S. N. Goenka North
American tour 2002
Meditation Now: Inner Peace for Inner Wisdom
Historical Background —Vipassana meditation
is one of the world’s most ancient meditative techniques. It was
practiced 25 centuries ago by Gotama the Buddha, who said he had
rediscovered a much older practice. After his enlightenment in 528
BCE, the Buddha spent the remaining 45 years of his life teaching the
way out of suffering. Vipassana is the essence of what he taught. The
Buddha’s teaching is known by the general term Dhamma (Sanskrit: Dharma).
five centuries Vipassana helped millions of people in India, the
Buddha’s homeland. This era saw the matchless reign of the great
Emperor Asoka (273-236 BCE) who united India and initiated a golden
age of peace and prosperity. Asoka also sent ambassadors of Dhamma to
all the neighboring kingdoms (including what has become Myanmar in
modern times), thereby spreading both the practice and the words of
about 500 years the practice of Vipassana had disappeared from India.
Fortunately it was maintained by a continuous chain of meditation
teachers in the neighboring country of Myanmar (Burma) until the
our time, Vipassana has been reintroduced to India and to people from
all over the world by
Chronology of Vipassana Development in Recent Times
Ledi Sayadaw (1846-1923), was perhaps the outstanding Buddhist figure of
his age. This scholarly, saintly monk was instrumental in re-enlivening
the traditional practice of Vipassana, making it more available for
renunciates as well as the laity in Myanmar.
1915—Ven. Ledi Sayadaw appoints Saya Thetgyi
(1873-1945) as a lay teacher of Vipassana and charges him with the task
of teaching the technique to 6000 lay people.
1937—U Ba Khin (1899-1971), then a clerk in the
office of the Accountant General of British Burma, takes his first
ten-day Vipassana course with Saya Thetgyi.
1950—Sayagyi U Ba Khin, now the Accountant General of
independent Burma, founds the Vipassana Association of the Accountant
General’s Office in order to teach Vipassana to the employees of that
office. (“Sayagyi” means “respected teacher.”)
1952—The International Meditation Centre opens in
Yangon. Sayagyi U Ba Khin can now teach Vipassana to the public. Indians
and Westerners, as well as the Burmese laity, thus have the opportunity
to come into contact with the technique.
1955—S.N. Goenka takes his first ten-day course with
Sayagyi U Ba Khin.
1969—Mr. Goenka leaves Burma and goes to India. Prior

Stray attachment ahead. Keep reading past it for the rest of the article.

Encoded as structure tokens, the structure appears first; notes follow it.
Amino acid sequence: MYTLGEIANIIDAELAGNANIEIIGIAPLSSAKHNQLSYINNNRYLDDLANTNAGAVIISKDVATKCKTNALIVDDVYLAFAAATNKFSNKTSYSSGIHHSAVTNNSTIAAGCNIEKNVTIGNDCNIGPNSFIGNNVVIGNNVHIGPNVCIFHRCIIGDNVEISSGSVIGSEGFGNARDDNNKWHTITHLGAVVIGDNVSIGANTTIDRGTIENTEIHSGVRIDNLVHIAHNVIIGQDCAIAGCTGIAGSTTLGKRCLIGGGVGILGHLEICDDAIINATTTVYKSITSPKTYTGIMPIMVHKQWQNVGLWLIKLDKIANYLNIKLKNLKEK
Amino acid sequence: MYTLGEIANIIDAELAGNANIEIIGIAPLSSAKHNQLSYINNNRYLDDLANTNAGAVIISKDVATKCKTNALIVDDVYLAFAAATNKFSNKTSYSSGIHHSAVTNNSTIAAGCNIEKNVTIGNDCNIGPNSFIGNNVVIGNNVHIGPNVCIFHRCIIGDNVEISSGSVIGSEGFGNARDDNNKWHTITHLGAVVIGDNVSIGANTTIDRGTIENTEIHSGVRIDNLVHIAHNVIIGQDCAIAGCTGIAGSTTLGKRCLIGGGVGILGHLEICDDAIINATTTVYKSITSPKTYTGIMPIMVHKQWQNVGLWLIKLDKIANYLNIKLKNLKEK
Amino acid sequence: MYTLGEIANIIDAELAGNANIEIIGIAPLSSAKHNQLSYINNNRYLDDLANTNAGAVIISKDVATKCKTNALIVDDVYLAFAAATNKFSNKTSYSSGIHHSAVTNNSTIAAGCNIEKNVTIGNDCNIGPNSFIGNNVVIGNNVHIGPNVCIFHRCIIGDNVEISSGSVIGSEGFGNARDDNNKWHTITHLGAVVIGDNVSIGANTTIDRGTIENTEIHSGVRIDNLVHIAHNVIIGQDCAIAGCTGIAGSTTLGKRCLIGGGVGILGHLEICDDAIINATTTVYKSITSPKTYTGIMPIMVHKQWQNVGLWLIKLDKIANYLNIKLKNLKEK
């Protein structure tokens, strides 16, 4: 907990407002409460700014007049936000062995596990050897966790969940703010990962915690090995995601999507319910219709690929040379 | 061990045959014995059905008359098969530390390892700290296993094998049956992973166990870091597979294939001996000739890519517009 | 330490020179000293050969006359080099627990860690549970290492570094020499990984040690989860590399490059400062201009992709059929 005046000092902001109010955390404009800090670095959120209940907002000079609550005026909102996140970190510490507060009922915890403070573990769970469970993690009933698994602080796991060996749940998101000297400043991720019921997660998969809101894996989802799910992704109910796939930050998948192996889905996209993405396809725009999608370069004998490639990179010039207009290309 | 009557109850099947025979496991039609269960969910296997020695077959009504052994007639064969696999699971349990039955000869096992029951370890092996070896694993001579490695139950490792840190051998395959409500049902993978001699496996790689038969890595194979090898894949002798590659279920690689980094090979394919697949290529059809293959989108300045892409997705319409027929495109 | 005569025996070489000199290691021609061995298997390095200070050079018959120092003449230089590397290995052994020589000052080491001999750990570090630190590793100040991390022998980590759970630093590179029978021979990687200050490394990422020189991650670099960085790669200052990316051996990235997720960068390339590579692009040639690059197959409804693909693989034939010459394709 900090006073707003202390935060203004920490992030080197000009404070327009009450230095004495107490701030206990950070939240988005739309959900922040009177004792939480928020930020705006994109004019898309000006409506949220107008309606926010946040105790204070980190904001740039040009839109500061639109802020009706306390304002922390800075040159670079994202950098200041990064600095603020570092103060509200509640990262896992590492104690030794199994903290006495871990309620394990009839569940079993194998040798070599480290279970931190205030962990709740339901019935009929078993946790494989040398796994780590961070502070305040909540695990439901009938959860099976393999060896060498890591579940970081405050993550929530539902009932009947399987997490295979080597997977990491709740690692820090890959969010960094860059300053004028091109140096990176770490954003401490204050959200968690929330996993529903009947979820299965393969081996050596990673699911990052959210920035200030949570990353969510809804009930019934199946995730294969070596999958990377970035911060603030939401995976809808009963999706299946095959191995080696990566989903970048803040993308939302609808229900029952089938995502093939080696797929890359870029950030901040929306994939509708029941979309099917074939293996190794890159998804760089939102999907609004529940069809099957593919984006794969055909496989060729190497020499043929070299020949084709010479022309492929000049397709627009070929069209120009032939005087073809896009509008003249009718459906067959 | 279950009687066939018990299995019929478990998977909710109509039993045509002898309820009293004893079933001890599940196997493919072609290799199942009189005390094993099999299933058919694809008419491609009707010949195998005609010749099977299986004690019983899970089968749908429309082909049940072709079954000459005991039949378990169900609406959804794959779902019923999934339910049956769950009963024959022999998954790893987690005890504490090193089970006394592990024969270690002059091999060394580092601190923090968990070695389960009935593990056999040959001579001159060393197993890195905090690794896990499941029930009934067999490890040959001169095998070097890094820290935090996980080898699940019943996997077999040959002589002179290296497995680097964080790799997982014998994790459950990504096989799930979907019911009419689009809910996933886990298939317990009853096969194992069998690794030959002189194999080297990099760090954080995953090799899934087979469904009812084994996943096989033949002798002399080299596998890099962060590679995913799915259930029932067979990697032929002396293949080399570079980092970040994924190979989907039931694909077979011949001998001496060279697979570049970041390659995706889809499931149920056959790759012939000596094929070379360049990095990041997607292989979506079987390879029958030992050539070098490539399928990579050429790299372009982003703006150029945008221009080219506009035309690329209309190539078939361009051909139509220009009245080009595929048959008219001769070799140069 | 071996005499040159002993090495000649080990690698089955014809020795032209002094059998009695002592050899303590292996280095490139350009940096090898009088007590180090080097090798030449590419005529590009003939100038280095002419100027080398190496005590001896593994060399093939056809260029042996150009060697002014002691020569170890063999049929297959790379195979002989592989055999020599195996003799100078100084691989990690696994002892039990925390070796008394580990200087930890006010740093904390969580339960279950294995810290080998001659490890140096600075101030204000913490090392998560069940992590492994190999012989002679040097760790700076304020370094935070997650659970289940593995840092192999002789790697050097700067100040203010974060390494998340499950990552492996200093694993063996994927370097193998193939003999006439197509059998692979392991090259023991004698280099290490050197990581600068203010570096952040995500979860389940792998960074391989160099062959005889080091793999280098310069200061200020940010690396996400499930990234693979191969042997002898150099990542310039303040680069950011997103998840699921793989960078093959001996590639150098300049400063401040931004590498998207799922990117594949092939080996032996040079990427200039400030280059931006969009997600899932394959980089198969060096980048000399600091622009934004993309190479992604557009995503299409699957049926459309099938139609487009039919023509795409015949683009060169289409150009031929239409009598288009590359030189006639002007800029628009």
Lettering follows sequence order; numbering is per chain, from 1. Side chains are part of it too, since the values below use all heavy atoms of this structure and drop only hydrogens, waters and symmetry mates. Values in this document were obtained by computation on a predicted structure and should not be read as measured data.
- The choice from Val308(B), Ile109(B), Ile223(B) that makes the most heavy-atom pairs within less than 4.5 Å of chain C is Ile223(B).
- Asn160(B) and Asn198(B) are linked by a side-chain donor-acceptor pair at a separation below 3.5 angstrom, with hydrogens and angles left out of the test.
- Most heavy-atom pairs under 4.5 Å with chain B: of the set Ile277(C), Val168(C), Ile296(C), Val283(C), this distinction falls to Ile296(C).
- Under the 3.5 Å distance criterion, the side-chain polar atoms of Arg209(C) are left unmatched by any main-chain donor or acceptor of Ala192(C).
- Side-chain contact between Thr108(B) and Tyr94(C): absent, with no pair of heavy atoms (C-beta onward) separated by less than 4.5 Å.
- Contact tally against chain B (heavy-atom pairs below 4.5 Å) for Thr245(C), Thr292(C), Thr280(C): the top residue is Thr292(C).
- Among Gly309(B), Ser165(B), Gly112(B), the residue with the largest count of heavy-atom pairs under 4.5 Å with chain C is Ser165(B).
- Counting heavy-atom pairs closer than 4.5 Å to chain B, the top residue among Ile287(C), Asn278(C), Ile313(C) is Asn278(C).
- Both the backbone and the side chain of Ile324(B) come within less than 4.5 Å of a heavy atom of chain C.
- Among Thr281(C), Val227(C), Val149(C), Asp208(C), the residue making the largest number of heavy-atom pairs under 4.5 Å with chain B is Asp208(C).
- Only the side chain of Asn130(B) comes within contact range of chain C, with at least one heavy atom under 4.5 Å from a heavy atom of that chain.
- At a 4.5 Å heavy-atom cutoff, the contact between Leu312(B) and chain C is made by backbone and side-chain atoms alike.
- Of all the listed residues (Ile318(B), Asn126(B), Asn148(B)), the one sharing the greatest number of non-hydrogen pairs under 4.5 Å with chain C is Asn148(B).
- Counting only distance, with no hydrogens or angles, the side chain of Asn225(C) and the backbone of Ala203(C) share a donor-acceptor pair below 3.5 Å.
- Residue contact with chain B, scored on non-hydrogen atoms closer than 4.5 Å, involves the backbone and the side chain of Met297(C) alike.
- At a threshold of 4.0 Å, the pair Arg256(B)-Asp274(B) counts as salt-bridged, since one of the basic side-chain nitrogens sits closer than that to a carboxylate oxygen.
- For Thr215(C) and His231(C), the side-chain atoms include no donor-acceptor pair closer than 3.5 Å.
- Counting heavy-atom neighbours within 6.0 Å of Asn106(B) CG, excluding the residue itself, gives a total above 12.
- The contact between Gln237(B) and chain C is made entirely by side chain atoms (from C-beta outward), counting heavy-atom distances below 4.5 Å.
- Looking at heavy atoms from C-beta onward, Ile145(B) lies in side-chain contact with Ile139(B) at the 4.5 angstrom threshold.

to his departure Sayagyi U Ba Khin appoints him a teacher and charges
him with the task of returning Vipassana
to the land of its origin. From there, Sayagyi predicted, it would
spread to the rest of the world. Goenka conducts his first ten-day
course in Mumbai, India, in July, 1969.
Goenka limits his teaching to India for ten years in order to build a
solid foundation of practice there. Many Westerner travelers meet him
and start their Vipassana practice during this time.
1974—Land is purchased for the first Vipassana center
in India, the Vipassana International Academy (VIA), Dhamma
Giri, at Igatpuri, Maharashtra. In October, 1976, Dhamma Giri opens its doors with its first ten-day course for the
Goenka travels outside India to teach in the West. The first Western
course is held in July, 1979, at Gaillon, France. This follows 161
courses conducted by Mr.
Goenka during the first ten years in India. For the next 12 years he
regularly travels to Western countries and Japan, teaching courses,
guiding the fledgling centers and training assistant teachers to conduct
courses in his absence.
1981—The first Vipassana meditation centers outside
India and Myanmar are established in Shelburne, Massachusetts, USA, and
Blackheath, NSW, Australia.
1985—The Vipassana Research Institute (VRI) is
founded in Igatpuri, India, for the purpose of conducting research into
the sources and applications of Vipassana.
Goenka focuses his travels and energy on the traditional Buddhist
countries of Asia. Vipassana centers arise in Thailand, Sri Lanka,
Cambodia, Taiwan, Indonesia, Mongolia. Mr. Goenka inaugurates centers in
Myanmar, the traditional home of Vipassana. Courses begin at non-center
sites in mainland China.
publishes the first books of the Pali Tipitaka
(the Buddhist scriptures) in Devanagari script, the script of the
northern Indian languages. The full publication (140 volumes) was
completed in 2000. In 1997 all volumes are published by VRI on one Tipitika
CD, with seven scripts and full search engine. These publications
are distributed to scholars and universities free of charge.
1997— Foundation laid for the Grand Pagoda, near
Mumbai, India, with 5000 guests from different parts of the world in
attendance. When completed it will be the largest clear-span structure
in the world and 375 feet high. It will seat 8,000 to 10,000
for meditation, offer the public informative exhibits about the
Buddha’s teaching, and likely become a world-famous landmark.
2000—Mr. Goenka addresses the World Economic Forum in
Davos, Switzerland in February, 2000, and spiritual leaders taking part
in the World Millennium Peace Summit at the United Nations, New York,
2002—Mr. Goenka embarks on a four month tour to teach
in the West, the most extensive since he began teaching 32 years ago.
further information visit www.MeditationNow.org
media contact: Josh Baran, 212.779.2666